Example Refrigeration System
Referring to the sketch, an electric motor drives a compressor, which takes low temperature, low pressure refrigerant vapor, and compresses it to a high temperature and high pressure. The high pressure refrigerant vapor goes to a condenser, where it is condensed by a lower temperature environmental fluid (usually air) as heat is rejected to the environment.
In my example, it is important to send the condensing vapor to the top of the condenser, such that any condensed droplets will drop to the bottom of the condenser, in order to keep condensed liquid from covering up active heat transfer area on the inside of the condenser tubes. In turn, the condensed liquid goes to the small volume storage tank, where it collects. From there, the high temperature, high pressure liquid goes through the expansion valve, where its pressure and boiling temperature are reduced.
Next, the low pressure and low temperature liquid enters the evaporator, where heat is transferred into the evaporator for the purpose of cooling an enclosed space (e.g., the inside of an automobile). The liquid level in the evaporator is controlled by a level controller, which admits the correct flow rate of refrigerant from the small volume storage tank to hold the desired level in the evaporator.
The pressure in the evaporator is controlled by a pressure controller on the evaporator’s exit-vapor line, which is also the compressor suction line. This device controls a valve which “modulates” the pressure of the evaporator, but cannot be fully closed because the compressor should never be isolated from the evaporator. In the case where the refrigeration system runs low on refrigerant, the pressure in the evaporator exit-vapor line will drop very low, and the pressure switch shown in the drawing will disconnect power to the compressor.
Ameet, regarding your question of how refrigerant is not allowed to accumulate in the wrong places, any real-world refrigeration system will have either electronic or mechanical devices which will prevent such an occurrence. My drawing, and the details above, give one example of how this can be done. I am sure that there are several other ways of accomplishing the same thing, and I am also sure that the designers of any real refrigeration system will specify electrical or mechanical devices to deal with these same issues.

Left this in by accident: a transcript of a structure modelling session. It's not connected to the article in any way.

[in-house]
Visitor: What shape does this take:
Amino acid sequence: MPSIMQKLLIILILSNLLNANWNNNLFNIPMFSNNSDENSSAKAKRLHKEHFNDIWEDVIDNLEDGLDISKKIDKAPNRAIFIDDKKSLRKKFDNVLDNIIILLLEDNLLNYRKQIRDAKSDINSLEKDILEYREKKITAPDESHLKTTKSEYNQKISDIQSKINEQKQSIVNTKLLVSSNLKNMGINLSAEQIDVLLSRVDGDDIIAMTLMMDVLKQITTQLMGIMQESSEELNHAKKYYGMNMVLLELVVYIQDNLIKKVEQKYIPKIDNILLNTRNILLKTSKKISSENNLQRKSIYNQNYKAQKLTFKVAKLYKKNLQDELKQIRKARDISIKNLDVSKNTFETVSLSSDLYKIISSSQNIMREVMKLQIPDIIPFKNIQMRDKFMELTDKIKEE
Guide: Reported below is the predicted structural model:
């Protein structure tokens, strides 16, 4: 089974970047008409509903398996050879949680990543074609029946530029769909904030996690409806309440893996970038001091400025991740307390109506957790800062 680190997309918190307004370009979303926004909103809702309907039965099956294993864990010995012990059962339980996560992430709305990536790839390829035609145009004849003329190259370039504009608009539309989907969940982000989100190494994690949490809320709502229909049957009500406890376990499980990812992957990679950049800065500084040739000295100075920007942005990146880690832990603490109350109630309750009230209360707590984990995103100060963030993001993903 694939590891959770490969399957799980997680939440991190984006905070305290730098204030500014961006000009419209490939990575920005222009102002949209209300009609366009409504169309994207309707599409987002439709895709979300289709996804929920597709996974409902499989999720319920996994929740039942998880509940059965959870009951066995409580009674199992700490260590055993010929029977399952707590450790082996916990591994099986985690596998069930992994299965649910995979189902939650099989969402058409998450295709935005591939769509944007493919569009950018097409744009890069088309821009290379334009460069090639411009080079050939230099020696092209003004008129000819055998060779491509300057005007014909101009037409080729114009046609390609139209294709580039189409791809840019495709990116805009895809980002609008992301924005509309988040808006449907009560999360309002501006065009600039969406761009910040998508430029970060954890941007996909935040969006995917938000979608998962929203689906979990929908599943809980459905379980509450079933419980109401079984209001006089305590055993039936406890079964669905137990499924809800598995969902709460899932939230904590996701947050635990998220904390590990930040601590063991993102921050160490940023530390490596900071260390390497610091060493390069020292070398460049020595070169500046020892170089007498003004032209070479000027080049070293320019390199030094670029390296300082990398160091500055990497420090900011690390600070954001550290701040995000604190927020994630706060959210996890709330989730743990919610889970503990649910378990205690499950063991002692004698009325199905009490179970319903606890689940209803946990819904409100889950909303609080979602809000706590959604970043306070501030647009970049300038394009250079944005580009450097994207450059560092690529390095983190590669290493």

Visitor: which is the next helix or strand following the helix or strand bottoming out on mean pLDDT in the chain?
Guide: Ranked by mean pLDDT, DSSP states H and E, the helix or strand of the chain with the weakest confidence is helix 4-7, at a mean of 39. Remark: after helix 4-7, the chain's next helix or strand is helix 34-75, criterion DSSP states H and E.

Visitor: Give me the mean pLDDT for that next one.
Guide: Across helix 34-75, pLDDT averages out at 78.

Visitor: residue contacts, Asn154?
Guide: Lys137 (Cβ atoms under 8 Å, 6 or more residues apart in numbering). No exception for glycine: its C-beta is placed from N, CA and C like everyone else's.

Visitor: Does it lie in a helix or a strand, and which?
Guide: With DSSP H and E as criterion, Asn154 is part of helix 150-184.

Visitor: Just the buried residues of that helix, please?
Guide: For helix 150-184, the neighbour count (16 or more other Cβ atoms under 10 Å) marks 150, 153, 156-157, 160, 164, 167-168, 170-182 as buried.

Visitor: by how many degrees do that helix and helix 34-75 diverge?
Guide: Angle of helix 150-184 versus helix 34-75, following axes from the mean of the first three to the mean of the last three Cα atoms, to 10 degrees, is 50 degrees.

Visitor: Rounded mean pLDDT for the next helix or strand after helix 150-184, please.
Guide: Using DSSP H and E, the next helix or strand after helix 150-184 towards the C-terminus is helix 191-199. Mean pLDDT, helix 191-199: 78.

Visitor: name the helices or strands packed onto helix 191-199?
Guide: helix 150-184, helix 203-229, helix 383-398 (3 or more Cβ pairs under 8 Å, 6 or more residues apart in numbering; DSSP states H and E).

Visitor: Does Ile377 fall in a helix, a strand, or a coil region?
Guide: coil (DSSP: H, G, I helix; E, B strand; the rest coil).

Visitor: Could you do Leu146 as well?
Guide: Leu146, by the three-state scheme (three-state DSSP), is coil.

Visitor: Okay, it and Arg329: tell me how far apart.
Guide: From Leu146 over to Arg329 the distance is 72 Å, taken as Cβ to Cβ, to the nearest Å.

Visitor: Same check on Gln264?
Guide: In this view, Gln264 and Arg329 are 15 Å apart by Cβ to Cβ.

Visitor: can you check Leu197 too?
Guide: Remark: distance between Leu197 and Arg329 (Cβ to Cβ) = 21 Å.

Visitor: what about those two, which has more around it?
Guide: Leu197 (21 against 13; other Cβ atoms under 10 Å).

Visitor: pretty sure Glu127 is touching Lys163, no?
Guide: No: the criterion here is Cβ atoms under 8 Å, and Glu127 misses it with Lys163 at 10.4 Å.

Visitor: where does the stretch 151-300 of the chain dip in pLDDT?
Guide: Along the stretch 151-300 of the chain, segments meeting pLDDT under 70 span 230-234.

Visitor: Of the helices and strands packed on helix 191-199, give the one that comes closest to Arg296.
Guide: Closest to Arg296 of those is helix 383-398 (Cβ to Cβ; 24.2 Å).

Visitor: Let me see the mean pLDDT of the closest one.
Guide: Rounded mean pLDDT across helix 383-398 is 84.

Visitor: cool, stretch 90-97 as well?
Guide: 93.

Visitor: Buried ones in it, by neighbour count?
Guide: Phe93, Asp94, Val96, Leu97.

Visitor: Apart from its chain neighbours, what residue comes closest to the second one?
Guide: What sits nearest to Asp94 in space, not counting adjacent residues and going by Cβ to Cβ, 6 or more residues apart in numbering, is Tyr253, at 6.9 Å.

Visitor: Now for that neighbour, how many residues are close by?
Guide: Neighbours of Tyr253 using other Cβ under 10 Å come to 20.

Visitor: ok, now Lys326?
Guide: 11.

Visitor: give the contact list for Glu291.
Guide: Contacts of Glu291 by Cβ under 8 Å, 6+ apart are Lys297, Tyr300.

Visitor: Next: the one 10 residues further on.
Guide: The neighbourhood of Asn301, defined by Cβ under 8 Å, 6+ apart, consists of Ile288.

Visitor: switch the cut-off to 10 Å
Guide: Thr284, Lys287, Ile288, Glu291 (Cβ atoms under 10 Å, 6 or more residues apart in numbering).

Regarding your specific question of failure of the high pressure refrigerant to condense in the condenser, this can indeed happen. If the person charging the refrigeration system does not pull a hard vacuum on the system before charging with refrigerant, air will be in the system. This air will tend to accumulate at the condenser, and it acts to impede heat transfer because it is non-condensible. Until someone purges the air from the condenser by blowing it to the atmosphere, the refrigeration system will operate improperly.
Assuming that there is no air in the system, the original system design takes account of the correct pressures and temperatures needed to condense the refrigerant when using ambient air. Unless the ambient air temperature substantially exceeds the design ambient air temperature, you can expect the condenser to operate as designed.
Regarding your question about flow rates of refrigerant, my example uses the indicated controllers to ensure the proper flow rate of refrigerant. Unless a controller fails, or some design criterion is exceeded (either too little or too much of a design variable), flow rates should be whatever is needed for the system to function properly.